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Will the speed of S-N cooperation slow down?

Posted October. 18, 2000 21:26,   


Major events in South-North Korea relations have been deferred one after another. Government authorities were somewhat relaxed until early this month, noting that changes in some plans might be inevitable due to the North¡¯s internal problems, such as the events to mark the 55th anniversary (Oct. 1) of the founding of the Worker¡¯s Party. But they looked anxious as North Korea and the United States accelerated the improvement of their relations after issuing a joint statement on Oct. 12 in Washington.

In particular, the government seemed to feel alienated Tuesday when some 40 members of a U.S. advance team entered North Korea to discuss the procedures for the scheduled visits by President Bill Clinton and Secretary of State Madeleine Albright to Pyongyang. On the very day, the North notified the South of its decision to put off the inter-Korean working-level meeting for economic cooperation slated for Wednesday.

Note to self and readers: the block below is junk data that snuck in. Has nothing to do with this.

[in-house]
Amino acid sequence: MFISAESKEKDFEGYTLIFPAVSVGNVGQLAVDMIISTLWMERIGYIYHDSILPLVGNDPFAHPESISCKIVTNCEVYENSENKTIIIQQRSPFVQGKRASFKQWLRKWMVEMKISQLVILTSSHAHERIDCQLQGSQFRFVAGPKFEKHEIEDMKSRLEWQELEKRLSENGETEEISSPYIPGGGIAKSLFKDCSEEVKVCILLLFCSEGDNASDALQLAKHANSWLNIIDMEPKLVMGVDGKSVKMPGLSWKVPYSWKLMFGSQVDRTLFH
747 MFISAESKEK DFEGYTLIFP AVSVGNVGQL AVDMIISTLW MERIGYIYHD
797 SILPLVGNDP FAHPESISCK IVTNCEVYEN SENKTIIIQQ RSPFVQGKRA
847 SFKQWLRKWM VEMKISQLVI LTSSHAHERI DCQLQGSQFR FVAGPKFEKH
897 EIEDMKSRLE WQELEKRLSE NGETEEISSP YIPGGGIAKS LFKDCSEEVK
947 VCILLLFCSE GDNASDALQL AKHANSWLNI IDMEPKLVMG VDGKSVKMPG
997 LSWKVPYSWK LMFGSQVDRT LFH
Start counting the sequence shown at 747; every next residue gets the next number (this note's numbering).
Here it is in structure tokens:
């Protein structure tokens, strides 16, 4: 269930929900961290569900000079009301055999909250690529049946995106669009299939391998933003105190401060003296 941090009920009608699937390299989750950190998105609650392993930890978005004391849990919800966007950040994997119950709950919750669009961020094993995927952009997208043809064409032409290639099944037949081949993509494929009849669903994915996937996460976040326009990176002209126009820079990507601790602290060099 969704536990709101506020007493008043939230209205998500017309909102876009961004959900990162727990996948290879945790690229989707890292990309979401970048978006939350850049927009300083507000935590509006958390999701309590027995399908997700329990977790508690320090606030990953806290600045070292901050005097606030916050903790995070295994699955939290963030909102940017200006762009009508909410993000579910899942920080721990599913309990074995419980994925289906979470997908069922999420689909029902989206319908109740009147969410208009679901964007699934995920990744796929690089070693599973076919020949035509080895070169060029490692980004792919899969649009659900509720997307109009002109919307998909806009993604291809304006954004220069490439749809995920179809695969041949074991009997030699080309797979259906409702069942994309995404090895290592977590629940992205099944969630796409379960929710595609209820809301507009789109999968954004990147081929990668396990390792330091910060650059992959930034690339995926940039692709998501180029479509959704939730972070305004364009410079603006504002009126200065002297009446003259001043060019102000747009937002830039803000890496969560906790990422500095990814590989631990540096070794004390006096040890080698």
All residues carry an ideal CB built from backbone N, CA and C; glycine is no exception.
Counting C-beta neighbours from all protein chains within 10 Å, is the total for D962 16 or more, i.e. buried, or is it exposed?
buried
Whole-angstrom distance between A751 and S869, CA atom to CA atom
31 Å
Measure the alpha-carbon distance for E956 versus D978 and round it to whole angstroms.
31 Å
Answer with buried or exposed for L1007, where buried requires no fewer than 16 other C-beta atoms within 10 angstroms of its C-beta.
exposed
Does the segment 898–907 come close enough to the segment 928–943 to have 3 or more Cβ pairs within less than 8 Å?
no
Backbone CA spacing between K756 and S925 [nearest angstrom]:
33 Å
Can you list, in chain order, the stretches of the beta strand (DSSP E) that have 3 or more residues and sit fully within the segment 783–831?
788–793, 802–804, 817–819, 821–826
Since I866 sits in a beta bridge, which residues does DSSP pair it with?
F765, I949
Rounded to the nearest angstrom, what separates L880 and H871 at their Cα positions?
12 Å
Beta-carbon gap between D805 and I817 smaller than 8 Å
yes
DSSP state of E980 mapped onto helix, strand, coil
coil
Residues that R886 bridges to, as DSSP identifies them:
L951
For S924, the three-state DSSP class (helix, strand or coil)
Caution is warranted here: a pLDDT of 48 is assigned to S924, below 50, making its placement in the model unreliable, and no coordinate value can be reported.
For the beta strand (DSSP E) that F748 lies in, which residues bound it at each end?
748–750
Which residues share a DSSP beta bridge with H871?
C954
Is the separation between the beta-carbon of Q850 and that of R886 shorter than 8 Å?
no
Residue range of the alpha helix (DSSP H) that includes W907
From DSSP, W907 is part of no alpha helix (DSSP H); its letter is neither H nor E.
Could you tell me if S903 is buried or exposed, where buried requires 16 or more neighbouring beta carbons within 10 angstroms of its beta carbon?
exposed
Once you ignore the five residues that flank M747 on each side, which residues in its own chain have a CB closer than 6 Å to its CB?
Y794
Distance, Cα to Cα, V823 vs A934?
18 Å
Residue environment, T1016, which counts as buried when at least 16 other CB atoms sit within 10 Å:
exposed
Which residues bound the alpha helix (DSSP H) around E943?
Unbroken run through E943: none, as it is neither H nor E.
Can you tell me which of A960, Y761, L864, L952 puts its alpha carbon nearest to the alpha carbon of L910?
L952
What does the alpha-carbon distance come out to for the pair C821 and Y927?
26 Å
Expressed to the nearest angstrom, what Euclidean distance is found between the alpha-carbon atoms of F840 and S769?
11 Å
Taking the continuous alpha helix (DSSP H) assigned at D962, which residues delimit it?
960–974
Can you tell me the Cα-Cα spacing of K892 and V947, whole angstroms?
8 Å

The government said in an official reaction that the progress in North Korea-U.S. relations will be helpful to the development of South-North ties. Especially, related authorities say that North Korea-U.S. relations will exert no particular influence on inter-Korean ties since the diplomatic department in charge of foreign relations and the unification front department of the Worker¡¯s Party are very different organizations.

However, the plan for the second exchange visits by separated families slated for Nov. 2 is expected to hit a snag. Whether the families are still alive or dead should have been confirmed already through the exchange of lists of candidates for the mutual visits, but the Northern side is keeping silent. Originally, the government had planned to exchange the list of 200 preliminary candidates on Oct. 4 and confirm whether their relatives are alive or dead around Oct. 13, but the North Korean officials are only repeating that they have not yet received any instructions from the government.

Some government officials pointed out that the North is apparently maintaining a composed attitude after it received 500,000 tons of grain aid. They said that it is problematic for the North to delay the timetable unilaterally, although it may have its own internal problems such as a lack of manpower.

The government will express its regret with the North¡¯s attitude and will urge the North to proceed with agreed timetable and the separated family reunion as soon as possible, the officials said.